Scientific advisory board (SAB)

Meet the experts that help us to save aquatic warblers by providing valuable advise and important backup of the scientific competencies. Most of them have long-years experience on aquatic warbler and other bird conservation and all together form a great team of ornithologists, botanists, wetland ecosystem ecologists and conservation policy experts.

Dr. Jaroslaw Krogulec

Jaroslaw Krogulec has more than 30 years of experience working with aquatic warbler conservation and it’s habitat management. It all started in 1984 when he discovered an unknown population on Chełm Marshes in Poland and later continued with surveys, monitoring, population counting, action plans’ preparation and various conservation initiatives. J. Krogulec was involved in drafting the first International Species Action Plan, forming the International Aquatic Warbler Conservation Team and in 2015 got a position of BirdLife/CMS Aquatic Warbler Conservation Officer.

“In the early 1990’s, we didn’t even know if aquatic warbler still existed and how big the population was. We only knew that it is “очень редкая птица” (ochen’ redkaya ptitsa –  very rare bird). Now we know a lot: where our help is needed, how to manage those areas and what the measures are the most effective. It is time to try out some methods that haven’t tested before.”

Dr. Martin Flade

Ornithologist and researcher who has studied aquatic warblers for more than 20 years already. He is known for discovering many populations in Belarus and Ukraine and has initiated and lead research expeditions to the species’ last breeding grounds in West Siberia and to it’s wintering sites in Africa. Martin Flade is the initiator and current chairman of International Aquatic Warbler Conservation Team and has also initiated, together with Norbert Schäffer, the Memorandum of Understanding concerning Conservation Measures for the Aquatic Warbler under the UNEP Convention on Migratory Species (CMS).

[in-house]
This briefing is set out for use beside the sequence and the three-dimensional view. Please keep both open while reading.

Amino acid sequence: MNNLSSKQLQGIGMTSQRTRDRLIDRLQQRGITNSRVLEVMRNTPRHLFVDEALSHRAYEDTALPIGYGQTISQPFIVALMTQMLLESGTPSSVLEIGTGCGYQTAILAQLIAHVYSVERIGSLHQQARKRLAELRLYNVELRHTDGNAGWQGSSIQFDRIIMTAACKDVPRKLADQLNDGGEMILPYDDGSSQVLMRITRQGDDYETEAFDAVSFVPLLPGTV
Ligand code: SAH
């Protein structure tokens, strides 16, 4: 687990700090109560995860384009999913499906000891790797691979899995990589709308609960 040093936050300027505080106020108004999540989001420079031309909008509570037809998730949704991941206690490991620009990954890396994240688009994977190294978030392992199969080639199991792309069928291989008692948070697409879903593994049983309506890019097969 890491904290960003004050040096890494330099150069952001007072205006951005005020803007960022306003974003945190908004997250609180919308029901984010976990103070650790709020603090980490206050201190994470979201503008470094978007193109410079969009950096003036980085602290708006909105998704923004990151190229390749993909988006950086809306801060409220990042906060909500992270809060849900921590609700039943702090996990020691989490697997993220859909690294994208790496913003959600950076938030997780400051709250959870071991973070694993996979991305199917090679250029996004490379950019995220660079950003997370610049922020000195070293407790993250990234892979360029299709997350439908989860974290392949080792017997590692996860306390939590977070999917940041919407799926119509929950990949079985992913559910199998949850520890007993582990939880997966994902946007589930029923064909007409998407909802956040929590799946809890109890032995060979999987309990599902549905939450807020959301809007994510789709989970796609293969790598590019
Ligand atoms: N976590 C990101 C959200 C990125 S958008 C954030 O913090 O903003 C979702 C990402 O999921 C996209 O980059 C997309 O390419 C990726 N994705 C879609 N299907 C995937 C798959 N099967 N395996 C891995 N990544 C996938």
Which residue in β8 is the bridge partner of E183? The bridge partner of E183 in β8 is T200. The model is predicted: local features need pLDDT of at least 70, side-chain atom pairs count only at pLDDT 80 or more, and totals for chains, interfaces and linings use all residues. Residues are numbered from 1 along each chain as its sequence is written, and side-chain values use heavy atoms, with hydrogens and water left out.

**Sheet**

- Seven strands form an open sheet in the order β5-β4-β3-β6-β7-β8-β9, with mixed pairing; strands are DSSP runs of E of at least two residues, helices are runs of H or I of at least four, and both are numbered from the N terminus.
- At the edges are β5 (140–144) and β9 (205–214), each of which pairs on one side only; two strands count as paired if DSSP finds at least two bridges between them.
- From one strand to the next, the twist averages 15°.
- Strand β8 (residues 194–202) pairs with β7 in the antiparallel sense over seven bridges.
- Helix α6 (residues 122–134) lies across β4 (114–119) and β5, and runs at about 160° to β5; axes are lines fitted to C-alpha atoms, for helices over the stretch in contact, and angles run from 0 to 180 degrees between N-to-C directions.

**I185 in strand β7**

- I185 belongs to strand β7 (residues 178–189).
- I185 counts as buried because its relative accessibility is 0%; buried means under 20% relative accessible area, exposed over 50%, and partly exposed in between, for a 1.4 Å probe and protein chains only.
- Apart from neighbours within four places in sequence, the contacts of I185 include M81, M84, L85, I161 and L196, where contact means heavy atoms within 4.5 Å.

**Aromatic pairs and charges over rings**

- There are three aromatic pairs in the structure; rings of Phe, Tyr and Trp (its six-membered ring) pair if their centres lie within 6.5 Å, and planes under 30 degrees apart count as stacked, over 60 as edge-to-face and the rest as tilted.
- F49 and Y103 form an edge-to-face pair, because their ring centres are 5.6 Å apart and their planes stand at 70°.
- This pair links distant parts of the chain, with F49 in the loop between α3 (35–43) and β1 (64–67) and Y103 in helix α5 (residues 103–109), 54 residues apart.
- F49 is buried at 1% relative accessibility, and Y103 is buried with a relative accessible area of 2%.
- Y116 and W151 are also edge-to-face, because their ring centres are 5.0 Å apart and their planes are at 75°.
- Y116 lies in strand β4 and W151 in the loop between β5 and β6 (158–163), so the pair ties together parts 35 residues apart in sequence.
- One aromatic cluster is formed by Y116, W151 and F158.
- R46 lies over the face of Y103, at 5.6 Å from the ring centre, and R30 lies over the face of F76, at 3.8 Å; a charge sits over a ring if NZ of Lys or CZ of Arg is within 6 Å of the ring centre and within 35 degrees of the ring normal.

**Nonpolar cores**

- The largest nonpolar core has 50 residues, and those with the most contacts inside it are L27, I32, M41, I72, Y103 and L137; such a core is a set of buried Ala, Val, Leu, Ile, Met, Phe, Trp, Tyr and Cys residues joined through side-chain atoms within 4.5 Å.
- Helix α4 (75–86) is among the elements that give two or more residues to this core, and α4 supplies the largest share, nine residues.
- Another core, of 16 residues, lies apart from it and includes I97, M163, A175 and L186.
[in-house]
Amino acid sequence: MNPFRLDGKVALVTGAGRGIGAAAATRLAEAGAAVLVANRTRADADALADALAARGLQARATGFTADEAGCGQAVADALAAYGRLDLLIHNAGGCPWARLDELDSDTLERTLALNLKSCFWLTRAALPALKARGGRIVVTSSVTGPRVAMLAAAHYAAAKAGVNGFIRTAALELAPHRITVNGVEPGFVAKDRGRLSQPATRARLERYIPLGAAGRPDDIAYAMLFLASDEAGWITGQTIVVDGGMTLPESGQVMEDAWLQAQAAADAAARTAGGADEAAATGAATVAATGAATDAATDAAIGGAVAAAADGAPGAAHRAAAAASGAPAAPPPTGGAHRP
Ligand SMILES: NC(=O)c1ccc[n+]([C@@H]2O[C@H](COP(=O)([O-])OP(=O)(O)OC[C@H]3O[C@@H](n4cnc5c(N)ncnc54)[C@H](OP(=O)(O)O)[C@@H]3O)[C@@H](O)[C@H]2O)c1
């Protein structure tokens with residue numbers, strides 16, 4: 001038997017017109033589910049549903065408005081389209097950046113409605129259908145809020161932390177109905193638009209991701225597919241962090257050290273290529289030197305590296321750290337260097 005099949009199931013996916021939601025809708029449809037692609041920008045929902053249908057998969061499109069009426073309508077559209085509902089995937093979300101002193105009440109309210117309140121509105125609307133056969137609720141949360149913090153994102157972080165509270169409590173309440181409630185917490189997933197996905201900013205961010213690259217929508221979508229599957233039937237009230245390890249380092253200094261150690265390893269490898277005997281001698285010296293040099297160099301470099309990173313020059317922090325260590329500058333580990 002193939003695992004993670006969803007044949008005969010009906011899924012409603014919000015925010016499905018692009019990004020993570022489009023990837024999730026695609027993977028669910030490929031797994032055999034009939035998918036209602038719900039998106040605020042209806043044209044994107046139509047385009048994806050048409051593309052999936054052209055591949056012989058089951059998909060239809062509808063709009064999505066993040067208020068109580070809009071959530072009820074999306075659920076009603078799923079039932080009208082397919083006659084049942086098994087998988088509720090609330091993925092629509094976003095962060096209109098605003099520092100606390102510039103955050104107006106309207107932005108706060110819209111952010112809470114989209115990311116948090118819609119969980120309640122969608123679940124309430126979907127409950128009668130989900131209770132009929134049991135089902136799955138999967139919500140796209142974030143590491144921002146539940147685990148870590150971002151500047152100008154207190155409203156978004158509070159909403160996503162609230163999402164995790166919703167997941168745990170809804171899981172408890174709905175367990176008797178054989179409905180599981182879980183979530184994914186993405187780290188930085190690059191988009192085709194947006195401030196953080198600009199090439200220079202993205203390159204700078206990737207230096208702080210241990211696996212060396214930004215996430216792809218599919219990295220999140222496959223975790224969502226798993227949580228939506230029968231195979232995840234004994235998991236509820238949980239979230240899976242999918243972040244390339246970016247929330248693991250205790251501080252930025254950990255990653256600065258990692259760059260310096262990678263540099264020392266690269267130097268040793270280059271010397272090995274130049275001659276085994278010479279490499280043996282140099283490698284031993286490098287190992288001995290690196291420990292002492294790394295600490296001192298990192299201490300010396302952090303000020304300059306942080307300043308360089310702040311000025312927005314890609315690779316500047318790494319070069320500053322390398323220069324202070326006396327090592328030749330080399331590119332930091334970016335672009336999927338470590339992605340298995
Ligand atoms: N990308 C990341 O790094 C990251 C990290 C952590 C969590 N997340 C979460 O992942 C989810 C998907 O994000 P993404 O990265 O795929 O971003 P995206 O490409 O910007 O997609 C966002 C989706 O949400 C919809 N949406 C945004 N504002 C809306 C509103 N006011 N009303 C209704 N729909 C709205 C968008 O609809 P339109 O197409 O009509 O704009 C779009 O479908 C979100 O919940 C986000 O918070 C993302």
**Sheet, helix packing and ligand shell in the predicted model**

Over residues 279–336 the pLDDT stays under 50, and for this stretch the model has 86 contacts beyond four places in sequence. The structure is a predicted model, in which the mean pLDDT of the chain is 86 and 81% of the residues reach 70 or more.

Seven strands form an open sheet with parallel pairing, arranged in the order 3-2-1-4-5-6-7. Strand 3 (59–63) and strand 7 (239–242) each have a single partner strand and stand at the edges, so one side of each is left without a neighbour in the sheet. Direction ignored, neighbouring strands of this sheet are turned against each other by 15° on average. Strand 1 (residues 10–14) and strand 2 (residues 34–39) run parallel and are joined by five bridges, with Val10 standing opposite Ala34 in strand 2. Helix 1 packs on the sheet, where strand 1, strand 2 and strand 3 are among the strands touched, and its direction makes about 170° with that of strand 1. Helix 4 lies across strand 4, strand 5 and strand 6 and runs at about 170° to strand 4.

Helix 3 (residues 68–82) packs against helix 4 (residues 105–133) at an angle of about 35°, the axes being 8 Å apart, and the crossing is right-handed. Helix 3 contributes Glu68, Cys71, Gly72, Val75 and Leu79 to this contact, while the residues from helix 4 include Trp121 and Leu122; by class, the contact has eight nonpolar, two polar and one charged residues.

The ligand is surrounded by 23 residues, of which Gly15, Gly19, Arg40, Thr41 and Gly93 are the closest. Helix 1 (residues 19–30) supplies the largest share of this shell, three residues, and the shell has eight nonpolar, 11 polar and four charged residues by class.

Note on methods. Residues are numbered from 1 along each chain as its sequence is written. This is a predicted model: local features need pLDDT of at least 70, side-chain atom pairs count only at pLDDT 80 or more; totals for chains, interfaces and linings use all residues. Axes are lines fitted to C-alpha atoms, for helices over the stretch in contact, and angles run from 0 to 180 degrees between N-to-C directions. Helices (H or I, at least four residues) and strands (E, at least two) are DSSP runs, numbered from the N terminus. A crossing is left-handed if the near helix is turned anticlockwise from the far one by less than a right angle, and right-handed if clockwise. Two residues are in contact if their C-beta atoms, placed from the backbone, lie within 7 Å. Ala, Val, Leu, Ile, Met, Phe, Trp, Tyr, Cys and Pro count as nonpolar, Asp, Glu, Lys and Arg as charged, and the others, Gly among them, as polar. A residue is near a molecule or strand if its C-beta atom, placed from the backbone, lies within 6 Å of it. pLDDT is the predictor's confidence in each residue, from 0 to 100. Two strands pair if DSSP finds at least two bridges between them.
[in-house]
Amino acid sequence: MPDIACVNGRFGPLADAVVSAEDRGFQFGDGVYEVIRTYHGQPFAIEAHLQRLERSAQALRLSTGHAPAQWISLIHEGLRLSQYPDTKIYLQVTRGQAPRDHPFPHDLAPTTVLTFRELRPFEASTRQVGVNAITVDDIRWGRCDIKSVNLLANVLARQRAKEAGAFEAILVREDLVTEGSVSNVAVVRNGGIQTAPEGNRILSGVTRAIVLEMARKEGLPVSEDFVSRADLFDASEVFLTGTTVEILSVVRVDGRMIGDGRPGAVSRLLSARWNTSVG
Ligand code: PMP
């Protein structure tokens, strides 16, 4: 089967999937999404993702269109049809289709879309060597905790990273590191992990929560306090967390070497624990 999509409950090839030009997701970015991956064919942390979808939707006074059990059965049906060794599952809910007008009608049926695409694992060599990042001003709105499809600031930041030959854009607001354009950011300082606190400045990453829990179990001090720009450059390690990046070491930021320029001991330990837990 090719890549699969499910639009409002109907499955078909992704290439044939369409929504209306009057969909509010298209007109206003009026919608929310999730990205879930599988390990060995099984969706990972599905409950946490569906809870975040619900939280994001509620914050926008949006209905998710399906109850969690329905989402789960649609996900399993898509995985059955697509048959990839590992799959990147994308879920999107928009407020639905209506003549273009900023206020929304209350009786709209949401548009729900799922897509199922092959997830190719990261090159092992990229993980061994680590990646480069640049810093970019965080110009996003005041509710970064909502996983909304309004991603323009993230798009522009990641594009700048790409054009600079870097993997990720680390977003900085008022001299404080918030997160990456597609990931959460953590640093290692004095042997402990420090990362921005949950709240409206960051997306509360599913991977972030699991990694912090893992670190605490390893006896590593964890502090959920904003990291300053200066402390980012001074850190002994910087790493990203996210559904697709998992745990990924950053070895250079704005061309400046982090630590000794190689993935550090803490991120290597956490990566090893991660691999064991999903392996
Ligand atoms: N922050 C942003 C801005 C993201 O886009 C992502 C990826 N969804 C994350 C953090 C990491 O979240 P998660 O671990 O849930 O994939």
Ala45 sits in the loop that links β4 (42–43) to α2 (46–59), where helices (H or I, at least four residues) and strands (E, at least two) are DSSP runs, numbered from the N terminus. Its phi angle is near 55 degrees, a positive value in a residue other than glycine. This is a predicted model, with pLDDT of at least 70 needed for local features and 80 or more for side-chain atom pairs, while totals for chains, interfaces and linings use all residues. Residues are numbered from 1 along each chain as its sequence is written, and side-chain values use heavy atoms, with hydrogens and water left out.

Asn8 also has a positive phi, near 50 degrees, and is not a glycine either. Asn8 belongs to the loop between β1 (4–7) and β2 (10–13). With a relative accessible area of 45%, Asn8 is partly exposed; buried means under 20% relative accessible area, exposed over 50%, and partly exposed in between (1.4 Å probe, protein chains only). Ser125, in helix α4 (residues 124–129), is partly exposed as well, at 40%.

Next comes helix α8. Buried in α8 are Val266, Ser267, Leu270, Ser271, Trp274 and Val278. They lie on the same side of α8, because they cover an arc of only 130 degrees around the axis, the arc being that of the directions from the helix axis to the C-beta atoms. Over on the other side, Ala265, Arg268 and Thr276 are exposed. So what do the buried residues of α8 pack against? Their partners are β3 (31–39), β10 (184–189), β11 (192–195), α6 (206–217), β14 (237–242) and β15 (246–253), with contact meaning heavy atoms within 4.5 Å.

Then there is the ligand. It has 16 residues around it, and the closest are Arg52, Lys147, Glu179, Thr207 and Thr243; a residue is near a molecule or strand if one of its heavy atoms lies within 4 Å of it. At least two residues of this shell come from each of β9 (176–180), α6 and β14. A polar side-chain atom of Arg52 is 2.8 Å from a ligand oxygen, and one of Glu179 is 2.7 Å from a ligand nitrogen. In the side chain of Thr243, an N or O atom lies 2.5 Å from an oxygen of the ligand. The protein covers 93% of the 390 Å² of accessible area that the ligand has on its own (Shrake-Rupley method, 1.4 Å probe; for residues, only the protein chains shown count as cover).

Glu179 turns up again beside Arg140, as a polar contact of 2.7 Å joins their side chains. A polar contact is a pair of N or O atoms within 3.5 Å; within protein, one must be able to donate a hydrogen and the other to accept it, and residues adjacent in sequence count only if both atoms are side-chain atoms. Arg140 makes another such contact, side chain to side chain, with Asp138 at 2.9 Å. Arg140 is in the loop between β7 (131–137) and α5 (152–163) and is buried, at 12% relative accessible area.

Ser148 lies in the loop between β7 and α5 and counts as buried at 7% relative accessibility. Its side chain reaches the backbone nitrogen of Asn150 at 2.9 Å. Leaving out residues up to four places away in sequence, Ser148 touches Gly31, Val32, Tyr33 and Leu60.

“For me, the aquatic warbler is a symbolic bird for the current problems of global change – mire destruction, climate change, biodiversity loss, wetland drainage, droughts and overgrazing in the Sahel region and so on, but also a symbol for international cooperation and friendship across continents, states and social systems.”

Dr. Franziska Tanneberger

Franziska Tanneberger is a peatland scientist based at the Institute of Botany and Landscape Ecology at Greifswald University and co-director of the Greifswald Mire Centre, Germany. F. Tanneberger works on fen mire ecology and biodiversity, paludiculture, and peatland restoration, particularly within carbon schemes. She has contributed to various mire research and conservation projects in Germany, Russia, Belarus, and Poland. F. Tanneberger has studied aquatic warbler habitats in Pomerania and Lithuania in her PhD project and is a member of the International Aquatic Warbler Conservation Team for more than 10 years..

“This little brown bird is almost extinct in my region – I am very glad to support this crucial project in Lithuania and Belarus, and sure that we will learn a lot from it!”

More about Dr. Fračiską Taneberger

Prof. Rhys Green